> long enough to be the cornerstone of an evening's entertainment.
>
> > Also, it is difficult to compare a "full length" film in 1917 with a "full
> > length" film in 1926 as we are speaking of two different periods of film
> > programming.
> > Prince Achmed was long by 1.811 meters. Today, with 22 frames a second, its full
> > length - at the time, it was rather short and got even shorter when shown with
> > the than normal speed of 26 or 28 (or more!) frames a second  (normal at least
> > in most of the cinemas).
> > In 1926, Lotte Reiniger wrote that she used 100.000 single frames (in German:
> > "Einzelbilder") for her film; she (and her friends) worked for more than three
> > (!) years on the film, shooting about 250.000 frames. Everything was payed by a
> > sponsor - who payed the Argentinian animators?
>
> This is one of the reasons I am skeptical about the claim on behalf of The
> Apostle, as it is reputed to have been 50,000 frames long.  But it isn't
> impossible that it was padded with endless cycling, as was the case with
> Elements of the Automobile.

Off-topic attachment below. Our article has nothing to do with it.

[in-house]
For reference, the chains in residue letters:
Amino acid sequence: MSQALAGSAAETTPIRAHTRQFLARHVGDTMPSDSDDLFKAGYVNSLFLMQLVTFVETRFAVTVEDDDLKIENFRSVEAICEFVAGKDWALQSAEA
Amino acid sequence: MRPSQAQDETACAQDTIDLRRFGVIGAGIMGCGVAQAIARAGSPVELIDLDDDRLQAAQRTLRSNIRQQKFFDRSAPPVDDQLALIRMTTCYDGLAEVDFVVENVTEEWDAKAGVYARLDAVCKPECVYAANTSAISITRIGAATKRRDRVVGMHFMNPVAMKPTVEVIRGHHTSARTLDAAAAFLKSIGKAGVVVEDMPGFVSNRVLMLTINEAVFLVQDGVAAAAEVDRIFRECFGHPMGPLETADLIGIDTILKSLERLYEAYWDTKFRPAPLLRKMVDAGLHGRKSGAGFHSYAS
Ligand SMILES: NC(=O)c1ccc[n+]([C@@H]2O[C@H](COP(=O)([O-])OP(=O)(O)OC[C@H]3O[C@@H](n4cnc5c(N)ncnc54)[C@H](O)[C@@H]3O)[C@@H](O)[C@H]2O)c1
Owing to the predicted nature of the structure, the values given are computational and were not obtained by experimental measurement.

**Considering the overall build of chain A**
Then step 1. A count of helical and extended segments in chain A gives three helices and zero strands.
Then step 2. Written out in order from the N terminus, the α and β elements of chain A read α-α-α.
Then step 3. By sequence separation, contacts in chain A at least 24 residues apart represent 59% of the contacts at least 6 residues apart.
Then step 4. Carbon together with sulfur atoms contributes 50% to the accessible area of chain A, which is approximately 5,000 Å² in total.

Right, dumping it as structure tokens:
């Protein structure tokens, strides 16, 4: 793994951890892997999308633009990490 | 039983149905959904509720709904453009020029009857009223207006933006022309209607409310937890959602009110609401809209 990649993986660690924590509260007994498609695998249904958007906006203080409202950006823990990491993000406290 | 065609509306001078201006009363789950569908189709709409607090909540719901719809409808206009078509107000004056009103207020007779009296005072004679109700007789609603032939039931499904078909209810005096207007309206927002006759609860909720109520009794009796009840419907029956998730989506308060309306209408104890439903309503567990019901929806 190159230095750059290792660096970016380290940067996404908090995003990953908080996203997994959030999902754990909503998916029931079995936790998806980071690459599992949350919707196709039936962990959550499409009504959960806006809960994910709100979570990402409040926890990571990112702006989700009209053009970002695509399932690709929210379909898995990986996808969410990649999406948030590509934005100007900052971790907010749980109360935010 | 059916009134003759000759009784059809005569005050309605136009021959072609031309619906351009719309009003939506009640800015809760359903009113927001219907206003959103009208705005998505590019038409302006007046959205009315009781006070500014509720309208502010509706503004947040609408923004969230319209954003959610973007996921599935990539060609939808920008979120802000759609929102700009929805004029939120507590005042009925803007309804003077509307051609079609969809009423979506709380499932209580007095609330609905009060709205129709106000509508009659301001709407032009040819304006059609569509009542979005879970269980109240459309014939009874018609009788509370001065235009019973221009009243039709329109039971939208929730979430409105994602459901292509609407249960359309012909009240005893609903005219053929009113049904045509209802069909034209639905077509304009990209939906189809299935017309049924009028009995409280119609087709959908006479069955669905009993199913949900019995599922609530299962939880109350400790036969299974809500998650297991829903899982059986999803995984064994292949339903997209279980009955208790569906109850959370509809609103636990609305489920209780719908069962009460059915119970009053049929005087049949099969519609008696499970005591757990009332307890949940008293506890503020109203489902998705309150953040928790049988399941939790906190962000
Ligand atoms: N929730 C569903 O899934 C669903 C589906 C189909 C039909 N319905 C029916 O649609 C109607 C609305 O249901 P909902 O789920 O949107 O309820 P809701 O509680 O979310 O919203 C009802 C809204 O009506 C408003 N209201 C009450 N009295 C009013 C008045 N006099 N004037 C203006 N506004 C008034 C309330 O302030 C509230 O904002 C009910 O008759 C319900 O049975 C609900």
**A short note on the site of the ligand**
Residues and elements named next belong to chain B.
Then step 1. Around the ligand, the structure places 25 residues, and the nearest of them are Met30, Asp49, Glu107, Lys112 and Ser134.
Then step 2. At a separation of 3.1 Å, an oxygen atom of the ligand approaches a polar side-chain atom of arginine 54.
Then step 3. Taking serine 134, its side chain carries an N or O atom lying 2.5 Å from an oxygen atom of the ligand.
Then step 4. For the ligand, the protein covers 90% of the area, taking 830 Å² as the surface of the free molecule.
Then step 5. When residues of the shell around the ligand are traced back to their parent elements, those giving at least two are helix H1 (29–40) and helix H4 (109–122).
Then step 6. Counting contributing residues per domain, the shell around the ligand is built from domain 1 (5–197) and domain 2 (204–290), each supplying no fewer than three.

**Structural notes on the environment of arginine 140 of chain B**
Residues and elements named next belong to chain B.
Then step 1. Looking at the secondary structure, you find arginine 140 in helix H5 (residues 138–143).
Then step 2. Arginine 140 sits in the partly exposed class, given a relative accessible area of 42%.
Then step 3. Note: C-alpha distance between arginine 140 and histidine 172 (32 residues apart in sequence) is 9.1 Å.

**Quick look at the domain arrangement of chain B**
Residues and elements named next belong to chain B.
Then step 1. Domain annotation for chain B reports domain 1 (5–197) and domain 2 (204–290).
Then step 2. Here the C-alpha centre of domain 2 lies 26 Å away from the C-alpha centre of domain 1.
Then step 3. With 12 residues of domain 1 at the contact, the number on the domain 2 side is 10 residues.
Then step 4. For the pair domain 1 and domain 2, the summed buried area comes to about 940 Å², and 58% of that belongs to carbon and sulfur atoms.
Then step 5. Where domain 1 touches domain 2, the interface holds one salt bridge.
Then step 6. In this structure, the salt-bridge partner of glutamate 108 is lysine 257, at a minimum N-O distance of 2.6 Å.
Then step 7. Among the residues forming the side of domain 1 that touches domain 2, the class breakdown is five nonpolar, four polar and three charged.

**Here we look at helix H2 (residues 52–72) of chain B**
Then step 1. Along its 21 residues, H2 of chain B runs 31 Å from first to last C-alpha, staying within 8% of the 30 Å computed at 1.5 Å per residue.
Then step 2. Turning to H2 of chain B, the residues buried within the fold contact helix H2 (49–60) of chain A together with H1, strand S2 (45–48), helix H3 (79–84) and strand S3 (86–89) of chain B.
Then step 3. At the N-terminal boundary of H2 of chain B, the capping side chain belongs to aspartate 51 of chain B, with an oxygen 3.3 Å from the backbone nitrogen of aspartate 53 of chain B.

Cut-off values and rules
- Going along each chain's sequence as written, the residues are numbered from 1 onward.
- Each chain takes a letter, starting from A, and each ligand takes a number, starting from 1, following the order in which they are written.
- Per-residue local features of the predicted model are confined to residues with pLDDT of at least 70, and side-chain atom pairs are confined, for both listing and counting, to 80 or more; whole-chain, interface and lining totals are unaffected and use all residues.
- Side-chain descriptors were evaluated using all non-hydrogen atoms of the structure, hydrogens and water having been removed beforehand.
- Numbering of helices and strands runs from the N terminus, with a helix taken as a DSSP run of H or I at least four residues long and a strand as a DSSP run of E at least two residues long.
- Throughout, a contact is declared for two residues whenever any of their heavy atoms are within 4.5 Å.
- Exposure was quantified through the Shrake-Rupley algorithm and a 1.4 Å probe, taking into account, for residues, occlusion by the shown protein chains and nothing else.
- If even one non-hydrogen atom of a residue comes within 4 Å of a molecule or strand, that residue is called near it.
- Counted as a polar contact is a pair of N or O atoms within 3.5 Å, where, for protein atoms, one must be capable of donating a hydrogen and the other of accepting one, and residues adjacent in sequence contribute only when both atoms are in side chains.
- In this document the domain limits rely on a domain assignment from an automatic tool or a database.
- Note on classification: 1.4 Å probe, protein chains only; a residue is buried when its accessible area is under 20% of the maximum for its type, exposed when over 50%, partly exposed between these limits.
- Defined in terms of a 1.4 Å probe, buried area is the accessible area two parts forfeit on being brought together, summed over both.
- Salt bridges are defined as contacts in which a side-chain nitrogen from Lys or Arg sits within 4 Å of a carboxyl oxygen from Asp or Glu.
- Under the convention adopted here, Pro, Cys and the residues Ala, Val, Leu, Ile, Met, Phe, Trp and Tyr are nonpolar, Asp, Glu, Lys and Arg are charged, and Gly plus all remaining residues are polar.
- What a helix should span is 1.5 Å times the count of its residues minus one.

>
> > Mark - do you have the details of the Einstein-film of the Fleischers? And who
> > paid them?
>
> I have some details of the Einstein and the Evolution films, and perhaps
> you can answer a question for me.  THE EINSTEIN THEORY OF RELATIVITY was
> produced by Premier Pictures and first showed at a special invitational
> opening at the Rivoli Theatre for educators.  The short version was first
> shown on 11 Feb. 1923 and the official opening of the full length one was
> the next day.  The short version was 2,000 ft. and the long version was
> 4,000 ft.  I have reason to believe that some of the footage in this film
> was actually from a German film dealing with the same subject, but I have